Faith on the frontlines
Never has the role of faith leaders and communities been so important in public health, or under as much scrutiny, as Esther explains.
By Esther Lehmann-Sow
“I feel obligated to the community, to not only provide religious teachings, but also persuade members of my church to take time and understand the risks associated with the novel coronavirus, how the virus spreads, and then making them aware of the various preventive measures.… We use Sundays not just for prayers, but also allocate an hour for education sessions on COVID-19 and for community members to share openly their challenges.” - Pastor Boutros al Nour, chairperson of the Blue Nile Council of Churches, Sudan.
What does it mean to have faith in a time like this, when a pandemic is tearing people’s lives apart, heaping stress and anxiety on children the world over, and for some of us, shaking the foundations of our beliefs? What role or roles do people of faithb and faith leaders in particular, have to play?
The short answer is many! Faith leaders are essential partners in relief and development all over the world. In our response to COVID-19, we have so far worked with nearly 95,000 of them to stamp out the spread of dangerous misinformation. Here are just some of the ways their role is unique and vital right now:
1. The voice of authority
We know that when people are faced with conflicting information, they often turn to faith leaders to learn ‘the truth’ and the ‘correct’ behaviour to adopt. From an understanding of vaccinations to safe handwashing or burial practices, and – as in this crisis – social distancing, faith leaders have shown time and again how invaluable their positions of trust are in shifting understanding and behaviour.
2. The correct-information carriers
Given their invaluable influencing role, faith leaders must be truth-tellers – especially in a crisis where misinformation can spread faster than a virus. They have an important role to play to stamp this out and to correct damaging mistruths. As with Ebola, in some of the countries where World Vision works, there has been a lot of stigma associated with COVID-19, especially towards people who are infected or have recovered from the disease. They have been shunned or have heard that becoming sick with COVID-19 is a divine punishment for sin. Early on, we set about mobilising some in our extensive worldwide network of faith leaders to help spread the right information. By using WhatsApp and other mobile approaches, we enabled 8,000 faith leaders to very quickly reach more than 80,000 people in their networks. Many didn’t wait for us; in several countries, leaders we had previously worked with spontaneously used our training and adapted older resources, including virus-spread prevention messages. When they got word of the outbreak, they set out to immediately share information.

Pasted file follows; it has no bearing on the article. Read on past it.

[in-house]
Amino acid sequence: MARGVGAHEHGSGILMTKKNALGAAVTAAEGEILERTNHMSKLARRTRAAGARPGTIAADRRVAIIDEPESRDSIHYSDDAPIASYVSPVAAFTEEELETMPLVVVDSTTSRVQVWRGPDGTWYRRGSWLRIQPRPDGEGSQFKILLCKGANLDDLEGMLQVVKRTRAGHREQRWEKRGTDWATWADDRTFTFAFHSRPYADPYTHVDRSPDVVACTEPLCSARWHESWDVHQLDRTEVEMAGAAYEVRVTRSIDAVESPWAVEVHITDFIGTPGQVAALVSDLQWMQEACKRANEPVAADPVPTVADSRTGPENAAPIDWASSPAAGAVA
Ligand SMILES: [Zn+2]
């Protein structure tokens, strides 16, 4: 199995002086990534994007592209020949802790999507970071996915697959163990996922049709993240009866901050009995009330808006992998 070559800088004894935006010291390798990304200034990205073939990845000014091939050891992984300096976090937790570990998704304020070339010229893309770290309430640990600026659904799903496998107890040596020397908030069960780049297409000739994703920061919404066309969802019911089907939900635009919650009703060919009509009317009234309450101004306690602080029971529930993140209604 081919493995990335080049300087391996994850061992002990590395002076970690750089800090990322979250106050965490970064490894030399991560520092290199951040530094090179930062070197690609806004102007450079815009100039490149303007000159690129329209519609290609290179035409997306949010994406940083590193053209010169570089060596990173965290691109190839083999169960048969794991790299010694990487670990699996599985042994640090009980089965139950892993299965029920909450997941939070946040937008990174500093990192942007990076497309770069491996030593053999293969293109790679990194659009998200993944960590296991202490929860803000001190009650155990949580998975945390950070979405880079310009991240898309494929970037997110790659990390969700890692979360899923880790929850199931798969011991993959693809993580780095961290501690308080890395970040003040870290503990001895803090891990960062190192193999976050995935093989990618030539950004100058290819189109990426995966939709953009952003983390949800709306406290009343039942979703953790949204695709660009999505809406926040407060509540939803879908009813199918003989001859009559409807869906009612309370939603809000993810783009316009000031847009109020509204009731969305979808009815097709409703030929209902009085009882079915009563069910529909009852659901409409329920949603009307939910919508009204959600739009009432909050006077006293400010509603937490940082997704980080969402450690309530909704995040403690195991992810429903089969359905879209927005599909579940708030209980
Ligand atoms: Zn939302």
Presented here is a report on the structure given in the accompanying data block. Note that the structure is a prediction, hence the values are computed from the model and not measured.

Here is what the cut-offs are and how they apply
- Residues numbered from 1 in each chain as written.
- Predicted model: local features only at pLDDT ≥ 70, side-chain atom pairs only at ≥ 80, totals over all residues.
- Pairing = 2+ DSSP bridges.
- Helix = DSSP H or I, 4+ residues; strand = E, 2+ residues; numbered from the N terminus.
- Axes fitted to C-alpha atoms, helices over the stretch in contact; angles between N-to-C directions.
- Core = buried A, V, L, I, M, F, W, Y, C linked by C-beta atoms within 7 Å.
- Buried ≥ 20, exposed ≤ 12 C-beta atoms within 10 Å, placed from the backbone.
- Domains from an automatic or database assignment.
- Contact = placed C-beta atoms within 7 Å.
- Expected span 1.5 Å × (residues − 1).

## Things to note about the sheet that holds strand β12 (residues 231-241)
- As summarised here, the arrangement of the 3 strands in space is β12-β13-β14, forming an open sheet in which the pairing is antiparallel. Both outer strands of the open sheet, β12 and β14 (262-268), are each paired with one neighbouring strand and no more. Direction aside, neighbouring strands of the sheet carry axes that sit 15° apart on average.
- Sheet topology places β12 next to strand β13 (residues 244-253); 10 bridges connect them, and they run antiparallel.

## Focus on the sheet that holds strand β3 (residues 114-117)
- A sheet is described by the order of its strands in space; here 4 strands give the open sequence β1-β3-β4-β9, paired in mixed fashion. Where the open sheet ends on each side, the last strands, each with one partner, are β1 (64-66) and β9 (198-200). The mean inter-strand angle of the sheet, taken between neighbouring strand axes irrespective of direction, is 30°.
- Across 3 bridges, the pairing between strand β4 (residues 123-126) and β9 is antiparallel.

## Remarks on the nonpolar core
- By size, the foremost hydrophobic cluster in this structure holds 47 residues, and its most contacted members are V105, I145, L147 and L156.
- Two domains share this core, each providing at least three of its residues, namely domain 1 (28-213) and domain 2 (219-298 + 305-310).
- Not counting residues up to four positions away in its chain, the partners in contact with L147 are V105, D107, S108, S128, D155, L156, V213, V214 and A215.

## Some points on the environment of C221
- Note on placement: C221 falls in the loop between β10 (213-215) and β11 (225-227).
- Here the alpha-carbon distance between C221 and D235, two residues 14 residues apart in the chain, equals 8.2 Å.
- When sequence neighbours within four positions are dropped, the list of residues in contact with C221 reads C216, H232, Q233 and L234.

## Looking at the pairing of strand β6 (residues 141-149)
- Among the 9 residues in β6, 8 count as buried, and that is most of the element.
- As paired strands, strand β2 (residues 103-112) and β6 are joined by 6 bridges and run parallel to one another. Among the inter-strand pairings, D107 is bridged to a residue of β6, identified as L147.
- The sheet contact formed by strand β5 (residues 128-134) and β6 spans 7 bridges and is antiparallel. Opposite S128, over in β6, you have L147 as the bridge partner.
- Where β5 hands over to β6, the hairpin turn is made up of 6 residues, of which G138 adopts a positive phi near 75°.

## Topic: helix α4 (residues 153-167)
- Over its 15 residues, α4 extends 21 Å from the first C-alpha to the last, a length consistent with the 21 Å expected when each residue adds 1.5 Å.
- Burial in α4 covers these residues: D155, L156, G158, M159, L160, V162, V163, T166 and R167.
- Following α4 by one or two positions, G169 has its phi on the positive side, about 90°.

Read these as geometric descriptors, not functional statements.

3. The key holders
They are indispensable partners and message carriers who increase awareness, improve uptake of recommended behaviour, and decrease stigma. We work with faith leaders so they can use their influence on parents and local governments to adopt behaviours that protect and provide for children. In addition to spreading the right information, we have been training and supporting pastors, priests, and imams to offer support to communities at a time when face-to-face meetings are difficult.
4. The convenors
World Vision’s long history of working with churches means we have strong partnerships with local churches of diverse denominations, as well as leaders of other faiths, based on a shared commitment to improve the well-being of all children. And they don’t work in silos; often they have stronger links with, for example, teachers and healthcare workers. We’ve seen this in the Democratic Republic of Congo where they’re partnering to broadcast lessons via radio.
5. The resilient leaders
Faith leaders have had to deal with low connectivity and prohibitively high costs of mobile phone internet. Despite these challenges, each day they continue to battle low awareness about COVID-19 and try to correct misinformation, which spreads so quickly. Now, more than ever, our Christian faith is a source of hope. The people who are living out their faith by responding to children’s needs throughout this crisis are our hidden heroes. And they might just be able to restore the faith and belief we all need at this time.
Learn more about how we are helping limit the spread of COVID-19 and protect those affected and the impact our programmes have had in the first 100 days.
Esther is World Vision's Partnership Leader for Faith and Development. Follow her @SowEsther